why was america so brutally attacked by murderous, self-described defenders of islam?
was the cause, in whole or in part, a heinous judgment against a freedom-loving people?
or, does history again reveal that policies which promote interventionism and entangling foreign government affairs are actual forces of cause and undesirable effects?
if you have taken for granted and assumed that the media reports the facts, all of the facts, you can compare notes with those right in the midst of our highest levels of government.
those with ears to hear, read on:
Final Report of the
National Commission on Terrorist
Attacks Upon the United States
OFFICIAL GOVERNMENT EDITION
We present the narrative of this report and the recommendations that flow from it to the President of the United States, the United States Congress, and the American people for their consideration. Ten Commissioners - five Republicans and five Democrats chosen by elected leaders from our nation’s capital at a time of great partisan division - have come together to present this report without dissent.
We have come together with a unity of purpose because our nation demands it. September 11, 2001, was a day of unprecedented shock and suffering in the history of the United States. The nation was unprepared. How did this happen, and how can we avoid such tragedy again?
To answer these questions, the Congress and the President created the National Commission on Terrorist Attacks Upon the United States (Public Law 107-306, November 27, 2002).
Our mandate was sweeping. The law directed us to investigate “facts and circumstances relating to the terrorist attacks of September 11, 2001,” including those relating to intelligence agencies, law enforcement agencies, diplomacy, immigration issues and border control, the flow of assets to terrorist organizations, commercial aviation, the role of congressional oversight and resource allocation, and other areas determined relevant by the Commission.
In pursuing our mandate, we have reviewed more than 2.5 million pages of documents and interviewed more than 1,200 individuals in ten countries. This included nearly every senior official from the current and previous administrations who had responsibility for topics covered in our mandate.
We have sought to be independent, impartial, thorough, and nonpartisan. From the outset, we have been committed to share as much of our investigation as we can with the American people. To that end, we held 19 days of hearings and took public testimony from 160 witnesses.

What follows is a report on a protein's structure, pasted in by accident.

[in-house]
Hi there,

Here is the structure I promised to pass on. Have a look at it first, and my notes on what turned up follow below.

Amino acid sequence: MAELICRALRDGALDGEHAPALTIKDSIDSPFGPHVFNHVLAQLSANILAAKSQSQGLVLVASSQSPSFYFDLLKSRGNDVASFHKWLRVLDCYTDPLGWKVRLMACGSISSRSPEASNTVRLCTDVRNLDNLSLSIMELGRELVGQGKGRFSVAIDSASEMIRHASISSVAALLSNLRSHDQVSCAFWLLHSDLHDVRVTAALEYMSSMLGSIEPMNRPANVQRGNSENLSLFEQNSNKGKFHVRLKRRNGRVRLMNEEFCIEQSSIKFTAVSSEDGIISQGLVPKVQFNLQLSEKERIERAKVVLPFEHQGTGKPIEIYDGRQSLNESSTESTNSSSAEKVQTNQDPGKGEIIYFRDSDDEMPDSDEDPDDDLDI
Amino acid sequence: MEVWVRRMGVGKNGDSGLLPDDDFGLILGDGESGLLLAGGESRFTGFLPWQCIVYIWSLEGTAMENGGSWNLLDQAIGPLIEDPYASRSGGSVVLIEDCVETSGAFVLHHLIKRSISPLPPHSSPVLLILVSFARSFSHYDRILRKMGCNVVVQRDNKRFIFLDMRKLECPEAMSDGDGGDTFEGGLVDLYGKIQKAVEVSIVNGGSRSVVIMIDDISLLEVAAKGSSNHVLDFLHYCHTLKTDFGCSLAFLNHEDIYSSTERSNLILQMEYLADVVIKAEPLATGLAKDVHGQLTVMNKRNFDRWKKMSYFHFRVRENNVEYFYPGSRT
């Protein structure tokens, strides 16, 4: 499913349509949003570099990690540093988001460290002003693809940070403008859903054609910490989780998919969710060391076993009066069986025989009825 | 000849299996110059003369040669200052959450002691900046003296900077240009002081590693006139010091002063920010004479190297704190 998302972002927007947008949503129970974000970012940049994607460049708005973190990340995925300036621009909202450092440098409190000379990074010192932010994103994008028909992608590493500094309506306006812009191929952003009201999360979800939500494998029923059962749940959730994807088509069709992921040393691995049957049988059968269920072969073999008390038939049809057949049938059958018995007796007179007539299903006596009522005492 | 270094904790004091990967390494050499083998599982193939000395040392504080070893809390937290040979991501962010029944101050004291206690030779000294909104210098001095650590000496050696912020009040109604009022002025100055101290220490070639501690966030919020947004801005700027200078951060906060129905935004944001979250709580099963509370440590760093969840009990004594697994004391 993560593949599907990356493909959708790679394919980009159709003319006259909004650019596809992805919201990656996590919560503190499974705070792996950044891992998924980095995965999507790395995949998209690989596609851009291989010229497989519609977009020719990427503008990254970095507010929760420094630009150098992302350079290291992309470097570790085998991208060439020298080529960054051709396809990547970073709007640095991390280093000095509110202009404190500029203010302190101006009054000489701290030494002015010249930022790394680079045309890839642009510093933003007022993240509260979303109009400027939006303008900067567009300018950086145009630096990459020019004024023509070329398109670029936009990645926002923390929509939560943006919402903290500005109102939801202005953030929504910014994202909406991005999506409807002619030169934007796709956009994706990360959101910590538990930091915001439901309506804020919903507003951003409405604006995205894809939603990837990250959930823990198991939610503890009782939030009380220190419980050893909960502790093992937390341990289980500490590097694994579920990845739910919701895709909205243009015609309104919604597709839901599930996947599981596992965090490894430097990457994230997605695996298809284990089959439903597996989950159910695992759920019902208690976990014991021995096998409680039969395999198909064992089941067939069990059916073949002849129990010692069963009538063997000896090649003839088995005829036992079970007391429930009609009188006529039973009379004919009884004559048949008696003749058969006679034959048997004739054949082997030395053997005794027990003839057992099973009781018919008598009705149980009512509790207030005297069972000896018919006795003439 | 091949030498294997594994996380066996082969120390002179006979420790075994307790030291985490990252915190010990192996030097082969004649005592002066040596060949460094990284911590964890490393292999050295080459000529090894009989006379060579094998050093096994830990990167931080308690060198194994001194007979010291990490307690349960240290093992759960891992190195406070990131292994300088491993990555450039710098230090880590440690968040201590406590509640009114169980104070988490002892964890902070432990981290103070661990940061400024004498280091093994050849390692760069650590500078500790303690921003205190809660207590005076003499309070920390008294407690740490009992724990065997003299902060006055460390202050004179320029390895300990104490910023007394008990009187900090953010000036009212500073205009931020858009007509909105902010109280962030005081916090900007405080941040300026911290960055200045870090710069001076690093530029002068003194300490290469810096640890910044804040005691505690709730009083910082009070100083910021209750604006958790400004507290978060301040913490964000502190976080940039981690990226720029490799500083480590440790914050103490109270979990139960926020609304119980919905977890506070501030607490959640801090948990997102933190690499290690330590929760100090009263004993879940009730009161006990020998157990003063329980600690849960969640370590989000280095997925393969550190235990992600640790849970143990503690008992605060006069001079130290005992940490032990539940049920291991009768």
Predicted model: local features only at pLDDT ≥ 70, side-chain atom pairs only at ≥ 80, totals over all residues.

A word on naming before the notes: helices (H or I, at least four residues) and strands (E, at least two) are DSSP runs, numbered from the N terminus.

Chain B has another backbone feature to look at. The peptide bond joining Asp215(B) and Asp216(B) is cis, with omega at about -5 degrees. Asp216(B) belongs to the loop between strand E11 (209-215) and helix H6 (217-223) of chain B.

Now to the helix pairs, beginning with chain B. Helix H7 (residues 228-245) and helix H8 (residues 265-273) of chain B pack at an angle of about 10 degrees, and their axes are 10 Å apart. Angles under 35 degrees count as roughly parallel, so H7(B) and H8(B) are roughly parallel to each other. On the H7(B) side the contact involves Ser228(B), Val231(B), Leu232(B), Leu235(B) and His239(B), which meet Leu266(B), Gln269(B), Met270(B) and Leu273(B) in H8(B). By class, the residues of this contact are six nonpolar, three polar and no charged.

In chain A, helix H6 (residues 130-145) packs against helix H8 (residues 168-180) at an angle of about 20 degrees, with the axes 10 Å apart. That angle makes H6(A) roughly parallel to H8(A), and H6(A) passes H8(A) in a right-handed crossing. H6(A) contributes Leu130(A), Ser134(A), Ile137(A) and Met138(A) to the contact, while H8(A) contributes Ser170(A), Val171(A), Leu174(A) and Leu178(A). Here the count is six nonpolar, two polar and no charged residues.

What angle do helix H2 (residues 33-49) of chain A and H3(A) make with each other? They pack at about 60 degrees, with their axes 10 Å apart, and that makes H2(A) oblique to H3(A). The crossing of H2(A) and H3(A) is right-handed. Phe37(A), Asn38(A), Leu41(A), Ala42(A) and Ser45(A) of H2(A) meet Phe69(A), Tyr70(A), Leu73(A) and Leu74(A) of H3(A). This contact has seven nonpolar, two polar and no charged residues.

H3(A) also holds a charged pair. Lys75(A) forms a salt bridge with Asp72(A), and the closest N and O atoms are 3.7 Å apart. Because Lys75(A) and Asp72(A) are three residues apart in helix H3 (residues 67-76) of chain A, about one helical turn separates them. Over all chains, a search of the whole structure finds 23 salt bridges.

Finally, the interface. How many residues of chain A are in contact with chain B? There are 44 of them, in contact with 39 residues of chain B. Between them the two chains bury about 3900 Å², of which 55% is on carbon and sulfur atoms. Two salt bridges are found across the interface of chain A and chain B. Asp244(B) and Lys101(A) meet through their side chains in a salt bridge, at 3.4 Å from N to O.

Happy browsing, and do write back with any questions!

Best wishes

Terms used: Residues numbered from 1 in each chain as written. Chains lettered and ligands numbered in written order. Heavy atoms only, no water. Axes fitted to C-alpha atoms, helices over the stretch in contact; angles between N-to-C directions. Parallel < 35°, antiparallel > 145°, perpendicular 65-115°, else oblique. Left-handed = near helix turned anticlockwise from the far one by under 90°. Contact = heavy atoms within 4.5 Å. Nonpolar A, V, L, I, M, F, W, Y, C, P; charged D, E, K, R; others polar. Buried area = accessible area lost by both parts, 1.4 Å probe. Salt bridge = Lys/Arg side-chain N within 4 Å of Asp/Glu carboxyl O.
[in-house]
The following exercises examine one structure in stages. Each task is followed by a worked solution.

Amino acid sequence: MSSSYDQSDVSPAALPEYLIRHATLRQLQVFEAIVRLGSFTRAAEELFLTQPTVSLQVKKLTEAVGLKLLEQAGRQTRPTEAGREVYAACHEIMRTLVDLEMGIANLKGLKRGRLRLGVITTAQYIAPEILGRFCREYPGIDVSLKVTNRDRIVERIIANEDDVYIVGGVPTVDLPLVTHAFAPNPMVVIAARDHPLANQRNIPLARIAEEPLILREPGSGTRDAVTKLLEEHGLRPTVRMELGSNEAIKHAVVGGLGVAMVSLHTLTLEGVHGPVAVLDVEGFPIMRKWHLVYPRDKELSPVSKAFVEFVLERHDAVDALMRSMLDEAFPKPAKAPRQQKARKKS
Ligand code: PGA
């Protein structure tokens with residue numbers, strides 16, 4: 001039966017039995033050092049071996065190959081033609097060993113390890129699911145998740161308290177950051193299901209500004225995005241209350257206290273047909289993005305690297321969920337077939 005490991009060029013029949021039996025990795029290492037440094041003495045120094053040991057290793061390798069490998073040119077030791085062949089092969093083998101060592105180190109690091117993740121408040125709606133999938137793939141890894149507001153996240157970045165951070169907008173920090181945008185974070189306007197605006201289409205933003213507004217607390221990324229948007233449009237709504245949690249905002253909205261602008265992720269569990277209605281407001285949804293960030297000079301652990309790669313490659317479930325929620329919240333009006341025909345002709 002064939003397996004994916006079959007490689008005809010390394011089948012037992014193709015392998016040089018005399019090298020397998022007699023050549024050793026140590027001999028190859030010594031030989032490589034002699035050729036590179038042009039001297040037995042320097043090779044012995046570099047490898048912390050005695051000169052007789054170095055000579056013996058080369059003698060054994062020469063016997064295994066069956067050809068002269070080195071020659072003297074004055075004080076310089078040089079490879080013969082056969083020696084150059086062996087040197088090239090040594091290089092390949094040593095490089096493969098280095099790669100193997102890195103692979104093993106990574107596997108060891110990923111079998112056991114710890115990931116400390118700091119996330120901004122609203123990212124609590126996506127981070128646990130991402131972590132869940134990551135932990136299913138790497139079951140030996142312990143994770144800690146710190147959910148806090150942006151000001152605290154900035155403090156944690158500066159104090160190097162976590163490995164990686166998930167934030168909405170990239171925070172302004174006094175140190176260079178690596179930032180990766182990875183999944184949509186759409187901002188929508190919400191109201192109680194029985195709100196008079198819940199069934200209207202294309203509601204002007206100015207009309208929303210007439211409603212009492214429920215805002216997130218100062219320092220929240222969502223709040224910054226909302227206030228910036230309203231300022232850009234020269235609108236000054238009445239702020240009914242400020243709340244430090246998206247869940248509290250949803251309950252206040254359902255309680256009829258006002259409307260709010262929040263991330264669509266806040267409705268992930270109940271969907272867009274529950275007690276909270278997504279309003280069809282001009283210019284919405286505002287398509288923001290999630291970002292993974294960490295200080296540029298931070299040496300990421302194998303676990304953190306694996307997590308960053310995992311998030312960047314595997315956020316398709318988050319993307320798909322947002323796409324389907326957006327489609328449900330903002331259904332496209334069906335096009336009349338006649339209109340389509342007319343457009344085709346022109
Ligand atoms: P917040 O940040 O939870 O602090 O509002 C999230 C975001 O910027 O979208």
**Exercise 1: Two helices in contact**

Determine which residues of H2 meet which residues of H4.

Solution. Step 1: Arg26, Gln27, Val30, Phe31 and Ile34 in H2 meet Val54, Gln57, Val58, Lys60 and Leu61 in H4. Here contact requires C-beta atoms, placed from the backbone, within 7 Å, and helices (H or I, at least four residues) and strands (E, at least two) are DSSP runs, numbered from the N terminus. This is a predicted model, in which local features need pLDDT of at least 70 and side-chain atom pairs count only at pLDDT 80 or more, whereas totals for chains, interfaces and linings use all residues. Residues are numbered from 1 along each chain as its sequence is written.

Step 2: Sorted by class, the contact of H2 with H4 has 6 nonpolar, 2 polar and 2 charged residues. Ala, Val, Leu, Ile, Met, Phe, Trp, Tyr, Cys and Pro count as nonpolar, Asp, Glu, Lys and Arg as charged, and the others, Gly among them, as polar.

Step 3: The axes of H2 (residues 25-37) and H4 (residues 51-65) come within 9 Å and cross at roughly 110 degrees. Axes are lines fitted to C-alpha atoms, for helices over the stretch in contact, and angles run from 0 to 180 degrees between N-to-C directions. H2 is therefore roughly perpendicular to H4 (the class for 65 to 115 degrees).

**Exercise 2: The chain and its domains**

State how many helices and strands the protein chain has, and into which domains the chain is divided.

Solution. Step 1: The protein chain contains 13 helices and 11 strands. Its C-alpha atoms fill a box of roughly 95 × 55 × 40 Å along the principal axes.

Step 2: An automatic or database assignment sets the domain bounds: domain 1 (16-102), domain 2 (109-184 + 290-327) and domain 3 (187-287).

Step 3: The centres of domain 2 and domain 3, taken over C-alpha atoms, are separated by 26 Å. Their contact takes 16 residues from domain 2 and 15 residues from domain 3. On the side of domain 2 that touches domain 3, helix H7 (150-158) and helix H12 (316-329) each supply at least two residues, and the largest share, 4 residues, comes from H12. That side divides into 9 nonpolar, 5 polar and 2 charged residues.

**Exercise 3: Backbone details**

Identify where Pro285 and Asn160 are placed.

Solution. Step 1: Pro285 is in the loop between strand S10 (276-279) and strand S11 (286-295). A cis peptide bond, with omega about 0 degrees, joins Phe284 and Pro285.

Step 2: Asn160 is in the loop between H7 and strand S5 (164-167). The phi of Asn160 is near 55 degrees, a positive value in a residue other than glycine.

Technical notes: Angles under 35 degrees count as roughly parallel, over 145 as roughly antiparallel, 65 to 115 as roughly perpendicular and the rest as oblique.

At the outset of our work, we said we were looking backward in order to look forward.
But in appealing to societies full of discontent, Bin Ladin remained credible as other leaders and symbols faded. He could stand as a symbol of resistance - above all, resistance to the West and to America. He could present himself and his allies as victorious warriors in the one great successful experience for Islamic militancy in the 1980s: the Afghan jihad against the Soviet occupation.
The international environment for Bin Ladin’s efforts was ideal. Saudi Arabia and the United States supplied billions of dollars worth of secret assistance to rebel groups in Afghanistan fighting the Soviet occupation.
Bin Ladin Moves to Sudan
By the fall of 1989, Bin Ladin had sufficient stature among Islamic extremists that a Sudanese political leader, Hassan al Turabi, urged him to transplant his whole organization to Sudan. Turabi headed the National Islamic Front in a coalition that had recently seized power in Khartoum.30 Bin Ladin agreed to help Turabi in an ongoing war against African Christian separatists in southern Sudan and also to do some road building. Turabi in return would let Bin Ladin use Sudan as a base for worldwide business operations and for preparations for jihad.
In August 1990, Iraq invaded Kuwait. Bin Ladin, whose efforts in Afghanistan had earned him celebrity and respect, proposed to the Saudi monarchy that he summon mujahideen for a jihad to retake Kuwait. He was rebuffed, and the Saudis joined the U.S.-led coalition. After the Saudis agreed to allow U.S. armed forces to be based in the Kingdom, Bin Ladin and a number of Islamic clerics began to publicly denounce the arrangement.